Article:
Mary Magdalene

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Mary Magdalene or Mary of Magdala (original Greek Μαρία η Μαγδαληνή,[1] Heb., Miriam)[2]is described, both in the canonical New Testament and in the New Testament apocrypha, as the most important woman in the movement of Jesus. She also was the most prominent female disciple of Jesus. According to the gospels, she was one of the few witnesses to his crucifixion, and the Gospels say she was the first person to see him after his resurrection. Because she played such an important role in these events, she is one of the best-known figures in the New Testament.

Daftar isi


Consistently in the four Gospels, Mary Magdalene is distinguished from other women named Mary by adding "Magdalene" (η Μαγδαληνή) to her name.[1] Traditionally, this has been interpreted to mean that she was from Magdala, a town thought to have been on the western shore of the Sea of Galilee. Luke 8:2 says that she was actually "called Magdalene." In Aramaic, "magdala" means "tower" or "elevated, great, magnificent".[3]


Early Christian writings offer literary representations and preserve historical memories of strong female figures who had leading roles in proclaiming the word of salvation. They affirm that in some Christian circles, men and women were able to exercise leadership on the basis of their spiritual maturity and not on the basis of their gender. Furthermore, these writings contain traces of a conflict between Mary Magdalene and the leading male disciples, especially Peter. This conflict can be detected already in Luke’s resurrection account and the list of authoritative witnesses in 1 Corinthians 15:3–7. Major non-canonical writings that mention Mary Magdalene also offer a glimpse into the nature of the conflict concerning her, which seems focus on two themes: (a) her gender and (b) her remarkable understanding and appropriation of Jesus’ teaching. This controversy most likely reflects a developing tension between those who claimed authority based on the idea of succession and those who claimed authority based on spiritual gifts, especially prophetic experience. Greater awareness of Mary Magdalene’s exceptional role in the events surrounding Jesus’ death, burial, and resurrection and her leadership in the early church should not only help us do justice to her memory.[4]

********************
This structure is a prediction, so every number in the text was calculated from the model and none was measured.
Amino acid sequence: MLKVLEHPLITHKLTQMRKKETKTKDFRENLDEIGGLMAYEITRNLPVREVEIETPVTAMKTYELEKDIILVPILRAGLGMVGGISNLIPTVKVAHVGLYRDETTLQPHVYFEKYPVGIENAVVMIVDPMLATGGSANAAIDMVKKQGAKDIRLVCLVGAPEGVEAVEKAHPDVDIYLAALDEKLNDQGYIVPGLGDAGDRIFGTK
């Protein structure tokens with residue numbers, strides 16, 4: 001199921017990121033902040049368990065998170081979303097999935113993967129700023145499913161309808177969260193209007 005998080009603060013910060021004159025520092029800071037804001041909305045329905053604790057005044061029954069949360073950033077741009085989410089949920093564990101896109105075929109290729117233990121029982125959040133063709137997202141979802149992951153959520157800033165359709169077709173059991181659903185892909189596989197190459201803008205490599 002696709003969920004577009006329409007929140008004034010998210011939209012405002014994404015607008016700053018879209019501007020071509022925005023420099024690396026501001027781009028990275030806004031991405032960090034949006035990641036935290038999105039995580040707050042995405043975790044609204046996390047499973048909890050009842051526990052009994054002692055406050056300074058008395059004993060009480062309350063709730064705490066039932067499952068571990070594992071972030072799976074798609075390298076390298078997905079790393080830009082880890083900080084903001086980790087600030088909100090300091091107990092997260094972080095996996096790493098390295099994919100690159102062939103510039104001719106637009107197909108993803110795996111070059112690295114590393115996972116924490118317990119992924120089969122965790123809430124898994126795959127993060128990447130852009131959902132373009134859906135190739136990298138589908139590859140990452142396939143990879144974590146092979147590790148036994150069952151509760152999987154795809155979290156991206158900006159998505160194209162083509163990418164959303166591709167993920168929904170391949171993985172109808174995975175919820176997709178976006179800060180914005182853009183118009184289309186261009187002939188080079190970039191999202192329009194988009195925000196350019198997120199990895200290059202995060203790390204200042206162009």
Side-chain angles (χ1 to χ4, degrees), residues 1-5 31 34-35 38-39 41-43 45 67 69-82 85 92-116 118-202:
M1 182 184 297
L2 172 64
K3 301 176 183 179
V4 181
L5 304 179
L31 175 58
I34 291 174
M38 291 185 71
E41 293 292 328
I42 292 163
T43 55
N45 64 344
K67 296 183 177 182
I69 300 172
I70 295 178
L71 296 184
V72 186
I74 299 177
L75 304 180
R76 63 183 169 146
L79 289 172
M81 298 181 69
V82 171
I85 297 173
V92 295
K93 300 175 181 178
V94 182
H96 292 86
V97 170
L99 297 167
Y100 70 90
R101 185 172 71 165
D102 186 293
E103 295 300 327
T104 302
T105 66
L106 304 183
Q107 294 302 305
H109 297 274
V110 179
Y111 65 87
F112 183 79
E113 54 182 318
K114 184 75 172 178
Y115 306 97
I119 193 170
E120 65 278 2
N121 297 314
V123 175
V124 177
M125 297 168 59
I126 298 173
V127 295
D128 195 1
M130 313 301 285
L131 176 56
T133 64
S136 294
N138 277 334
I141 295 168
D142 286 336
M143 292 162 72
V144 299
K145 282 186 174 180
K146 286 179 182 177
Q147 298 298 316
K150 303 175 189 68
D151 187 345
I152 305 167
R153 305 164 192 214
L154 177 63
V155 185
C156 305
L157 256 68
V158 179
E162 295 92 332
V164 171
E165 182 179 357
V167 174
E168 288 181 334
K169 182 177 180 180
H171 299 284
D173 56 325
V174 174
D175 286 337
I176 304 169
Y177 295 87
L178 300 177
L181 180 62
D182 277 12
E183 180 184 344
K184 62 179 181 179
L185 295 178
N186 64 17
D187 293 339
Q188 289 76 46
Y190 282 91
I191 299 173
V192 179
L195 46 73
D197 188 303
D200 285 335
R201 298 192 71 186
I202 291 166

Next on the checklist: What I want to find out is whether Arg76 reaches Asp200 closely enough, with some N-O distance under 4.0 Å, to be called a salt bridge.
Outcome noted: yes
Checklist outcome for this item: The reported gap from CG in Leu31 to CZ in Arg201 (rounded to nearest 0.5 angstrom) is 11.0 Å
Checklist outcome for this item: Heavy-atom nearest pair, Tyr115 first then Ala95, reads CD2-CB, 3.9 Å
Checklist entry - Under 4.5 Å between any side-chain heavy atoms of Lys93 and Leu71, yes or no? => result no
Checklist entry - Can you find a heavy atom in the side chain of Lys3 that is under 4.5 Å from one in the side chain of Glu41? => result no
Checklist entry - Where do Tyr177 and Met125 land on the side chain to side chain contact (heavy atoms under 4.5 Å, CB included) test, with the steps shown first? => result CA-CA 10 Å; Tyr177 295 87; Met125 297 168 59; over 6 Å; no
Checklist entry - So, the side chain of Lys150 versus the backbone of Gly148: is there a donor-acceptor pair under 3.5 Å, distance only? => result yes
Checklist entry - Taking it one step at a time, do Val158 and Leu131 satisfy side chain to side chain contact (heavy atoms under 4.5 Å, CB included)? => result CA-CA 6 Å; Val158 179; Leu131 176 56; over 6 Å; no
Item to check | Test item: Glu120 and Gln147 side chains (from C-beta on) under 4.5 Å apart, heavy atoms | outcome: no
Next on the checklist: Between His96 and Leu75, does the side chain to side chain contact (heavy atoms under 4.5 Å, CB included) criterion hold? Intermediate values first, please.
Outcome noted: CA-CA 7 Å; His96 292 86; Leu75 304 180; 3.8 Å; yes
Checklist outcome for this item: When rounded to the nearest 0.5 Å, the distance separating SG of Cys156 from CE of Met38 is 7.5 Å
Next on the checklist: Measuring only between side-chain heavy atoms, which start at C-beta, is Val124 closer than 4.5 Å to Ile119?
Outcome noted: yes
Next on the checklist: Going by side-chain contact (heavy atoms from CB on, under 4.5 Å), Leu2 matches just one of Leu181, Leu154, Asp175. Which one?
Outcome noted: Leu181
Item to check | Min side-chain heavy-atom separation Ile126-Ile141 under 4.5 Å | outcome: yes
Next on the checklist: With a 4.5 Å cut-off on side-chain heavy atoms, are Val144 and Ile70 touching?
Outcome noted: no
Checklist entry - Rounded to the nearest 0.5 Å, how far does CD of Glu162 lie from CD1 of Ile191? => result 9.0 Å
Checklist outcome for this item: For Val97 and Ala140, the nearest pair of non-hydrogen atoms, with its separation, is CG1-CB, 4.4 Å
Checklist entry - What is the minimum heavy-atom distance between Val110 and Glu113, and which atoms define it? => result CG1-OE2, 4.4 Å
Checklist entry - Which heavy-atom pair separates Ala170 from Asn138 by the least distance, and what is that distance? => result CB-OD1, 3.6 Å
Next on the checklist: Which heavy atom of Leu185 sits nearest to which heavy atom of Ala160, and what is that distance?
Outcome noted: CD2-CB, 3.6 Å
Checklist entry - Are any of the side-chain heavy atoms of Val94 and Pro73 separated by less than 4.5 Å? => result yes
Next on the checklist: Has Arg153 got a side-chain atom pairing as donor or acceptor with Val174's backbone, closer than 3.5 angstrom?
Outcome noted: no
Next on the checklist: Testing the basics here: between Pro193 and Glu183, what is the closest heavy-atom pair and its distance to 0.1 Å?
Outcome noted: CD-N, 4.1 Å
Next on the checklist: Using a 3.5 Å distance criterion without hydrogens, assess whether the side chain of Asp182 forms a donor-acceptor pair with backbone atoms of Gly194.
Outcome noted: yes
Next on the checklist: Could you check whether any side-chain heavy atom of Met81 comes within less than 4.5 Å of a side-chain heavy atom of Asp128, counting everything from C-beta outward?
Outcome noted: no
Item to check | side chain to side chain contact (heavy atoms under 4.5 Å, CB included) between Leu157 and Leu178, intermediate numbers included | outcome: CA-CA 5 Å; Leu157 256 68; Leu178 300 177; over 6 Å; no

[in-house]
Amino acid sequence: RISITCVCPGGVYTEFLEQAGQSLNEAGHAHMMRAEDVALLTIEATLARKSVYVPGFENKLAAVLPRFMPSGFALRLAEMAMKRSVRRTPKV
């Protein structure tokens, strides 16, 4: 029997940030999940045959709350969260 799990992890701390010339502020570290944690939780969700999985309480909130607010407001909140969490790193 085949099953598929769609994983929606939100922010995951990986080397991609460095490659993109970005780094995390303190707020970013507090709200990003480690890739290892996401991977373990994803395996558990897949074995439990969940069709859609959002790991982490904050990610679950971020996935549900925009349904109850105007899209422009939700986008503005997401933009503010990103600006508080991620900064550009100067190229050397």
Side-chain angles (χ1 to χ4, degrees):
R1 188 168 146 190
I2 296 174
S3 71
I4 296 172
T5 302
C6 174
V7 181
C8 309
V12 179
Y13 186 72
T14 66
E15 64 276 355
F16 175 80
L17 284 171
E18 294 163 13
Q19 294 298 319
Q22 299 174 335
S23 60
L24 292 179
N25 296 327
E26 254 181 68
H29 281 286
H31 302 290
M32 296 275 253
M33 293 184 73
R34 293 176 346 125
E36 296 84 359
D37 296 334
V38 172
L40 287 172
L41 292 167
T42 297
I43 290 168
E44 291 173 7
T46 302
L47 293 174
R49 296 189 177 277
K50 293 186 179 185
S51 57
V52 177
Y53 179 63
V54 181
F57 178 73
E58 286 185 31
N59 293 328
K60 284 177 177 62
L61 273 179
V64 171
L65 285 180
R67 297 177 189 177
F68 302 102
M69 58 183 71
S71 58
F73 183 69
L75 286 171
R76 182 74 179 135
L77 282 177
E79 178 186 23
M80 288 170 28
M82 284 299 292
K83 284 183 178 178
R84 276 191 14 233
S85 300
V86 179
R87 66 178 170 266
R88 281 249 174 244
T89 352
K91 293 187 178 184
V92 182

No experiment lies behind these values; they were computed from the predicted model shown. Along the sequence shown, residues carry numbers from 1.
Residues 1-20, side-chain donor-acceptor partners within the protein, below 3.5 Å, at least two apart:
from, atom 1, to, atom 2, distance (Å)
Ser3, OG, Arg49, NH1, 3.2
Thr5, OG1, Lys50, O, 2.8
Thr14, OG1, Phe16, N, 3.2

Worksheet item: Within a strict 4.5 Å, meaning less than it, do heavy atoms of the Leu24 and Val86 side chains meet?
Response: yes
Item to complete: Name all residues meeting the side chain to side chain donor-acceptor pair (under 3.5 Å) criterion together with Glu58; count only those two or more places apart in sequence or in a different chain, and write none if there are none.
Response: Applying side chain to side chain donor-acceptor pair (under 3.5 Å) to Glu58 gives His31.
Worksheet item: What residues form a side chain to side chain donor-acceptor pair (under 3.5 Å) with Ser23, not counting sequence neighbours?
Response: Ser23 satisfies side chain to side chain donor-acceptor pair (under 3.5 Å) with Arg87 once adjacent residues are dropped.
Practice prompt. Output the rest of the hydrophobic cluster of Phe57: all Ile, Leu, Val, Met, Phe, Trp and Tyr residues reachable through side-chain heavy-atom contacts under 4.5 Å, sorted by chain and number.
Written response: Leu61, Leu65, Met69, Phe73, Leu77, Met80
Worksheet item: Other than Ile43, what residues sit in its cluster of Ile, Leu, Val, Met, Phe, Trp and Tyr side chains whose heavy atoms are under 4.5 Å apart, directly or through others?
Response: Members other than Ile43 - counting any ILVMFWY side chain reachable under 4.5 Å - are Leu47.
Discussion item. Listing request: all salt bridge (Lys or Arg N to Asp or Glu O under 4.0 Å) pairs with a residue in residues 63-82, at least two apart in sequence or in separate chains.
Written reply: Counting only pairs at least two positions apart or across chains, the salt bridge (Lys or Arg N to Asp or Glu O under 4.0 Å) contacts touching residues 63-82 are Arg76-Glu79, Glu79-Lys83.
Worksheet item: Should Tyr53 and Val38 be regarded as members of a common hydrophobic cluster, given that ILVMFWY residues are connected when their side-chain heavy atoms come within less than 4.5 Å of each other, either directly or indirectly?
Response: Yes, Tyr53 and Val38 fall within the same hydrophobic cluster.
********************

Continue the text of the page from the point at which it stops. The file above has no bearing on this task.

Source of name

Her name indicates that she came from Magdala, a town on the western shore of the Sea of Galilee. Jesus taught in that area during the early period of his ministry, and she may have become a disciple at that time.


Few people mentioned in the New Testament have been more misrepresented than Mary Magdalene. In a 6th century sermon, Pope Gregory the Great confused her with the unnamed sinful woman, presumably a prostitute, from Luke 7:36–50. She is also often associated with the woman caught in adultery described in John 7:53–8:11, even though the text never mentions her name. Because of misunderstandings like these, Mary Magdalene is usually remembered as a woman of questionable reputation rather than as the first witness of the resurrection. Some early Christian writers identified Mary Magdalene with various other women mentioned in the New Testament, particularly with Mary of Bethany (sister of Martha and Lazarus). She has even been identified with the woman that Jesus rescued from being stoned (John 8:1-11). However, none of these misidentifications are considered valid today.[4]